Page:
In retirement he became convener of the Nuffield Week selection committee, a post he held for 18 seasons and held similar posts while at Northerns in the early 1970s and what was then Transvaal in the late 1970s and through the 1980s. He was also, for a time convener of the national panel during the rebel era.
Although he rarely mentioned his old province, Natal, he once felt aggrieved that they did not, the first years of his retirement, call on his services or tap into his wide fund of knowledge. Some Natal players consulted him when seeking technical advice but the province he led with pride ignored him.
As a tribute to his leadership, he was made captain of an all-time South African side, selected by a panel of former Test players as part of the old SA Cricket Union's centenary celebrations in 1989.
In his final years he enjoyed watching matches at SuperSport Centurion, a venue he preferred to the Wanderers, where often his sense of humour sparkled as he made dry comments about field-placings to Willie Watson, the former Yorkshire Test cap. They would sit together and their wise, warm counsel was better than reading through a book on the game's technical skill and know how.
"When you go into a match, the first thing a captain should be looking at is of ways to win the game and work accordingly," he said five years ago when we were working together on "South Africa's Cricket Captains".
His drive for perfection, often hidden from those who did not know him, surfaced often as we discussed little known details of other captains. Yet the quiet, gentle traits, also emerged. His recall of incidents of his playing days was as remarkable as his batting talents; and there was nalways a thought, or studied opinion, of new faces coming through the ranks.
He would fax off pages of advice to Hansie Cronje, the future South African captain, and Dale Benkenstein, who is to lead the South African A captain in in Sri Lanka.
"To me he was an inspiration and a tremendous source of knowledge about the game and which I have not found among others," Benkenstein said.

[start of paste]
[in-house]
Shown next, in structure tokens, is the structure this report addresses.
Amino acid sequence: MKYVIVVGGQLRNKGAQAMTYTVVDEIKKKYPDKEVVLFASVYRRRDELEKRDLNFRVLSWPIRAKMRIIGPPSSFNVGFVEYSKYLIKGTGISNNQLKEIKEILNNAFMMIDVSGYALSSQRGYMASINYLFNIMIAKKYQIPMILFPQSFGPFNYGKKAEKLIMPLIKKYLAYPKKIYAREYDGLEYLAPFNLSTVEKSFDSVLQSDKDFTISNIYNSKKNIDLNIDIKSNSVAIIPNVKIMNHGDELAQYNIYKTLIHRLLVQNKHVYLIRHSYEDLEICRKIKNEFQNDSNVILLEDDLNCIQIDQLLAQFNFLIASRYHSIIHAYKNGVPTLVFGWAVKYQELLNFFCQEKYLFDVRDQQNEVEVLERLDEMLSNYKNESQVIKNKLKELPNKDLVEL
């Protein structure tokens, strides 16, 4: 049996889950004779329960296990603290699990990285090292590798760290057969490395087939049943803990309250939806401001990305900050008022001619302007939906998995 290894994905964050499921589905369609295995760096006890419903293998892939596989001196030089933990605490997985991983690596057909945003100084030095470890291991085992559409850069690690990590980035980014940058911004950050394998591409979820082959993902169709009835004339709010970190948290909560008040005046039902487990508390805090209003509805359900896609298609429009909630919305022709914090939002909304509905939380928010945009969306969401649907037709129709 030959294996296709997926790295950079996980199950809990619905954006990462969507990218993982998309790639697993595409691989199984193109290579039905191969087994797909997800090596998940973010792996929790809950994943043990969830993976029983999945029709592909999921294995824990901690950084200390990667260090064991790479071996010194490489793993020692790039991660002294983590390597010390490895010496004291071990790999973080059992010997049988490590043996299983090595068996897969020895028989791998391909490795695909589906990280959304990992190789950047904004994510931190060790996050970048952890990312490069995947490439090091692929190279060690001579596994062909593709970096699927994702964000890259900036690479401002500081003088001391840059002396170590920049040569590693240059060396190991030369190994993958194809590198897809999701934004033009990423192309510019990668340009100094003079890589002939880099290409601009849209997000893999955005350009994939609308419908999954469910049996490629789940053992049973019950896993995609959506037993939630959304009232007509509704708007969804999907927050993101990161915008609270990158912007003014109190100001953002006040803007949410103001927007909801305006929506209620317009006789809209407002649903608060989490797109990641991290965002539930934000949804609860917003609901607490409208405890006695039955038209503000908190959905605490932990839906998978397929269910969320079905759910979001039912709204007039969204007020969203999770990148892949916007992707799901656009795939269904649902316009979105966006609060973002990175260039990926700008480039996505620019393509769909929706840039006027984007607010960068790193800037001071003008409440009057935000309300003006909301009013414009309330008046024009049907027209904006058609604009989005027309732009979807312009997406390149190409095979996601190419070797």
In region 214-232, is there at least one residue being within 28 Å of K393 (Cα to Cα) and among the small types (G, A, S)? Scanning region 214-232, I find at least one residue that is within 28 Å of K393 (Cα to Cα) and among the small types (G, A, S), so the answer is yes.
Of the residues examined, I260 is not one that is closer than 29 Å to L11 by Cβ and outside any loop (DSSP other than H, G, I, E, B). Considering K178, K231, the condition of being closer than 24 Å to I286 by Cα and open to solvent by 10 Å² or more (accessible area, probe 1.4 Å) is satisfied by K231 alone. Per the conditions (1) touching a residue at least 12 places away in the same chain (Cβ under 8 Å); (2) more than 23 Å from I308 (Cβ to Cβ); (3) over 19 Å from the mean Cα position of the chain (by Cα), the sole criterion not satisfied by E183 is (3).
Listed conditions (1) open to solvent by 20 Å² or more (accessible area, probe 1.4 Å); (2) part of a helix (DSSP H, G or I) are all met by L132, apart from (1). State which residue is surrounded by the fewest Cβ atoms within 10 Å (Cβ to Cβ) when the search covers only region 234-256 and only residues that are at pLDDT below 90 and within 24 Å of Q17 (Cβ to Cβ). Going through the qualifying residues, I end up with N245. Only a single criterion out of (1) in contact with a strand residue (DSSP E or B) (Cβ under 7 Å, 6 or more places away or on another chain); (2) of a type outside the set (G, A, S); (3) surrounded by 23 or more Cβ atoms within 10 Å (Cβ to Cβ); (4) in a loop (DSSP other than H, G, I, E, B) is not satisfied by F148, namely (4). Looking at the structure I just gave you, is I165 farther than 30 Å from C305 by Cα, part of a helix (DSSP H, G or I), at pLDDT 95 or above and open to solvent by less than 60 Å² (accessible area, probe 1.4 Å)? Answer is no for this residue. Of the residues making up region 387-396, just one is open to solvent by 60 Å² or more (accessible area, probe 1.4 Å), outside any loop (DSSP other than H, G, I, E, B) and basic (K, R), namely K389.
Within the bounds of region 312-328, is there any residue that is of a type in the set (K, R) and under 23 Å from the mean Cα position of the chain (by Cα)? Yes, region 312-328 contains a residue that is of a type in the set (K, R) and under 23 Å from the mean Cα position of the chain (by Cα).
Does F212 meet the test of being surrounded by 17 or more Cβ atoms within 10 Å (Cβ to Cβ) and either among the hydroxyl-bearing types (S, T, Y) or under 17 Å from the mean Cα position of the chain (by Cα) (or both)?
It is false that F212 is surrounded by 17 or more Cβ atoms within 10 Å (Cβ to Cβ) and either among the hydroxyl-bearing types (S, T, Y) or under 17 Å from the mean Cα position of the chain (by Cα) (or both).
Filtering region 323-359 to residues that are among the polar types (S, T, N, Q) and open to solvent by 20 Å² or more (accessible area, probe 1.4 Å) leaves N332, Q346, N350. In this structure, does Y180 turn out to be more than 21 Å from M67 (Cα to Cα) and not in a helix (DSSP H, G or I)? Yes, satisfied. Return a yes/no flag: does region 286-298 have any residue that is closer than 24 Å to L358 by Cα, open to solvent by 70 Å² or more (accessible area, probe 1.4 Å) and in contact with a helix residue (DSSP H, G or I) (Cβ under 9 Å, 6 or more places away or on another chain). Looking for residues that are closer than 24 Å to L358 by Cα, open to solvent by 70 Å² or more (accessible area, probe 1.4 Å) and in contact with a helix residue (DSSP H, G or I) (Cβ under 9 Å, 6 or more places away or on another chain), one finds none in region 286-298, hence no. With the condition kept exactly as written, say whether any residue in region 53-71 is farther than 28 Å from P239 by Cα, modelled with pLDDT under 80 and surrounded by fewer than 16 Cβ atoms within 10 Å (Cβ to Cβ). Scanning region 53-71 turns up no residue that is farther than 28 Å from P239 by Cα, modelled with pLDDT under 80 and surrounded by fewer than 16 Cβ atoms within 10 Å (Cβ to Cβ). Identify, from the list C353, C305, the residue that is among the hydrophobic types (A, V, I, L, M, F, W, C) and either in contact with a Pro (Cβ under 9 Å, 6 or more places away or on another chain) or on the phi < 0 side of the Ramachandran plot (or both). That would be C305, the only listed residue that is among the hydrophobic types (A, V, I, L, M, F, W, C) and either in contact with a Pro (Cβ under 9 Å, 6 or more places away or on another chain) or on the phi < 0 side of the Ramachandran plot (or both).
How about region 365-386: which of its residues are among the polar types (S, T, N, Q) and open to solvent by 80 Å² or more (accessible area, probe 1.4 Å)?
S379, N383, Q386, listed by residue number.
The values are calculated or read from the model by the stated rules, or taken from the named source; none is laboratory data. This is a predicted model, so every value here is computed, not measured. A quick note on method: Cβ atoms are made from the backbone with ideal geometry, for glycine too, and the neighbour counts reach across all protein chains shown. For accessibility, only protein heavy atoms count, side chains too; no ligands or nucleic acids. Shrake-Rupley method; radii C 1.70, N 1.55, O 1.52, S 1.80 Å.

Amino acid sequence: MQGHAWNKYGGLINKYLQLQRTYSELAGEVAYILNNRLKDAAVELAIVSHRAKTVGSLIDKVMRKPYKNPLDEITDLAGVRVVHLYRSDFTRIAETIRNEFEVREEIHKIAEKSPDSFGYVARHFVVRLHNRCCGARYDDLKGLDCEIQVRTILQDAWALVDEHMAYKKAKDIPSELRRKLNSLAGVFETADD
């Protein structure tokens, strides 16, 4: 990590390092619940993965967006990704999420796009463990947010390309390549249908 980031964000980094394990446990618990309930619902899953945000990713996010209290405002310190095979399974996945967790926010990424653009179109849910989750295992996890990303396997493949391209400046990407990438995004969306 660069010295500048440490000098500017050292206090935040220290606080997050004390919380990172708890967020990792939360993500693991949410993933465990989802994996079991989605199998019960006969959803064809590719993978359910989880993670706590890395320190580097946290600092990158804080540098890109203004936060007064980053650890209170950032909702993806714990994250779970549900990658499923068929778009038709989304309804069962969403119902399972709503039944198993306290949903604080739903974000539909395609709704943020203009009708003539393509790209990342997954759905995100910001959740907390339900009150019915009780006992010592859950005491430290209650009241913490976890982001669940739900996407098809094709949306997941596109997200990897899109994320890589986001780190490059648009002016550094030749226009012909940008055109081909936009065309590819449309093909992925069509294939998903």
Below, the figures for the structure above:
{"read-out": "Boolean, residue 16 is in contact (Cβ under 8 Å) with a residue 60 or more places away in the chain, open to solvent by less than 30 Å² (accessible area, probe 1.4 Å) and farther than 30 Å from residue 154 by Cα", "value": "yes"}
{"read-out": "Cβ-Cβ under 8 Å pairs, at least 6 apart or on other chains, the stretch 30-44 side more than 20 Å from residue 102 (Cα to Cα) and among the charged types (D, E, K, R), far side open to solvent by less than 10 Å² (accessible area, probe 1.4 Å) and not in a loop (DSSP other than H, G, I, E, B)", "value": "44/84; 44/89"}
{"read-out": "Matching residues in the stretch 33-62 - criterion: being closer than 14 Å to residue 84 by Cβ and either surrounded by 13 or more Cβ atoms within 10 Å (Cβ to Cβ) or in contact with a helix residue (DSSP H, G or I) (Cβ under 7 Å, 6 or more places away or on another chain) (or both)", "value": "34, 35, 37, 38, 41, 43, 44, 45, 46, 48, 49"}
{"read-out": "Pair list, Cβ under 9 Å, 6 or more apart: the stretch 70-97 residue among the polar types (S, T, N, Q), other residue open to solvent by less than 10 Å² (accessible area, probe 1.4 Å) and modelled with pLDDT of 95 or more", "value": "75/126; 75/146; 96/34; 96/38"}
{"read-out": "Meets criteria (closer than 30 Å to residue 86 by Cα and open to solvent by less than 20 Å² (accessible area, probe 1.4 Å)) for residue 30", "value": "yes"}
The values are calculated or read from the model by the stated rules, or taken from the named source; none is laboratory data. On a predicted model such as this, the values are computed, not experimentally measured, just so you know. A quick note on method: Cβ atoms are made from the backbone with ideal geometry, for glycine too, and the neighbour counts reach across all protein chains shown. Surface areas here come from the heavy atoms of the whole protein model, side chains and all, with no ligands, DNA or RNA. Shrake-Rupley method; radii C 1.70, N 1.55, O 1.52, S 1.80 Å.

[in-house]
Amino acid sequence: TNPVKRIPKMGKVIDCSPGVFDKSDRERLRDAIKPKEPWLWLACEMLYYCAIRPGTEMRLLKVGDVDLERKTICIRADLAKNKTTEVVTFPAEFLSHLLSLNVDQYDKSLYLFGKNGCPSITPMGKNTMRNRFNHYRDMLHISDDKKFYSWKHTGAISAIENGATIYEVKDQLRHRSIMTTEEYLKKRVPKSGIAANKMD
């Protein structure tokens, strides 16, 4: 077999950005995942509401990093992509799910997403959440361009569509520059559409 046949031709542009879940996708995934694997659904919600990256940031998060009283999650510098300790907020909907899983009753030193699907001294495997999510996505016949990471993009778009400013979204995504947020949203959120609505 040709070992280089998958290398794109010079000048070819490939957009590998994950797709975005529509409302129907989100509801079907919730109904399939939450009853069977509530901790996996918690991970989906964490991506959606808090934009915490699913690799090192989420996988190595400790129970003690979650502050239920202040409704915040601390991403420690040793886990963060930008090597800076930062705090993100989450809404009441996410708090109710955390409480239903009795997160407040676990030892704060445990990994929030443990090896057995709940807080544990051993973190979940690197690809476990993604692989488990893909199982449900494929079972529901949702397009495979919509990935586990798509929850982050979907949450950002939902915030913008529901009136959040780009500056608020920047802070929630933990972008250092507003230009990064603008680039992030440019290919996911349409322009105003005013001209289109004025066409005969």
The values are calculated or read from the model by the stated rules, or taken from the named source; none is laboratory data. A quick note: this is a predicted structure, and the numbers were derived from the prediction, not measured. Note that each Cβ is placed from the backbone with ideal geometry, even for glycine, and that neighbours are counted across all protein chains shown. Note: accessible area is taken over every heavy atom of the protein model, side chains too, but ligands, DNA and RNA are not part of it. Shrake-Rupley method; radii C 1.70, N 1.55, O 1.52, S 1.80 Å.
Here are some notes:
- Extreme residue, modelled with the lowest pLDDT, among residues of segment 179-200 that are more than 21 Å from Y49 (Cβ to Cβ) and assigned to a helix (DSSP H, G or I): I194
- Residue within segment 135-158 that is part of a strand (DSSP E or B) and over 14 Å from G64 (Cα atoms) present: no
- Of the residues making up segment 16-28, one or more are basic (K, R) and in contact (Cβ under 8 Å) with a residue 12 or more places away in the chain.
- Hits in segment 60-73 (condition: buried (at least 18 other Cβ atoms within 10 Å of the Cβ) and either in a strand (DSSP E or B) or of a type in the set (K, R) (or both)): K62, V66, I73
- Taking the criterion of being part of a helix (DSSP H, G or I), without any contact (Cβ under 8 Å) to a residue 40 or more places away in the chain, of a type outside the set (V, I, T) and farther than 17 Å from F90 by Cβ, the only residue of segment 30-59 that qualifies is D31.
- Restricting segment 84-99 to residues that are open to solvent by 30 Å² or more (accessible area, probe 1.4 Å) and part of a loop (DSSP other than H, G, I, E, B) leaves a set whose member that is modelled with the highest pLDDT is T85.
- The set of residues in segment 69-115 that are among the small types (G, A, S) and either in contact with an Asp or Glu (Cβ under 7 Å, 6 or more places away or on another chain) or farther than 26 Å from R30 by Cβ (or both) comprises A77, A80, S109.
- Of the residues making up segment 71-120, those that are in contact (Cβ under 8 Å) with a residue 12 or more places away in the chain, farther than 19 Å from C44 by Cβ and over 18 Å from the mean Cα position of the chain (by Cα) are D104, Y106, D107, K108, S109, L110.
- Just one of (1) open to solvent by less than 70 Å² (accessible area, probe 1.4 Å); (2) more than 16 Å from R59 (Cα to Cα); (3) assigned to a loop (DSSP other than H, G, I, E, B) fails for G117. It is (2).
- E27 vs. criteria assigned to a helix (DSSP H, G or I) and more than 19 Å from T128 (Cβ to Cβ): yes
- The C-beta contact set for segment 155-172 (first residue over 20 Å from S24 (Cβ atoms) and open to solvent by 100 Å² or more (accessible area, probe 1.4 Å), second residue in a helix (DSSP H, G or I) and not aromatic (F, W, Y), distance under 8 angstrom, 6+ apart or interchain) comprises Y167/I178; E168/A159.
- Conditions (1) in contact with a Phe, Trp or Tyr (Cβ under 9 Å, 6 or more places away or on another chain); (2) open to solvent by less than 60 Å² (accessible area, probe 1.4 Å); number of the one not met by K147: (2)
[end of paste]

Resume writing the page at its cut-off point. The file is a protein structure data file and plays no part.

From his early association with selection of the SA Schools (Nuffield) teams he sought a new direction; when it came in 1991 he involved himself in the unity process. It was this which led to his appointment as manager of the SA Colts team to the West Indies in 1992 with Benkenstein as captain.
Yet what many remember of him Down Under is how he took over the 1952-53 side from an injured Jack Cheetham and moulded it into the finest fielding combination of the decade. It was this flair, displayed so long ago, which made him an outstanding leader.
Months before the tour he approached Danie Craven about a pre-tour fitness plan designed to turn the tourists into a top fielding team to support what was, Tayfield apart, an average bowling attack. The strategy worked with South Africa, against expectations, drawing that series 2-2,
Sport rarely produces men like Jackie McGlew. He was always there when needed, not the spectacular type perhaps, but very effective; an aggressive intelligent captain, and for a number of players who made their mark in the great sides of the 1960s, certainly the best they played under.
Now, in that great pavilion in the sky, he would be strapping on pads and eagerly walking to the middle with Nourse for some unfinished buisness with Ray Lindwall.
Source :: Trevor Chesterfield, Pretoria News (firstname.lastname@example.org)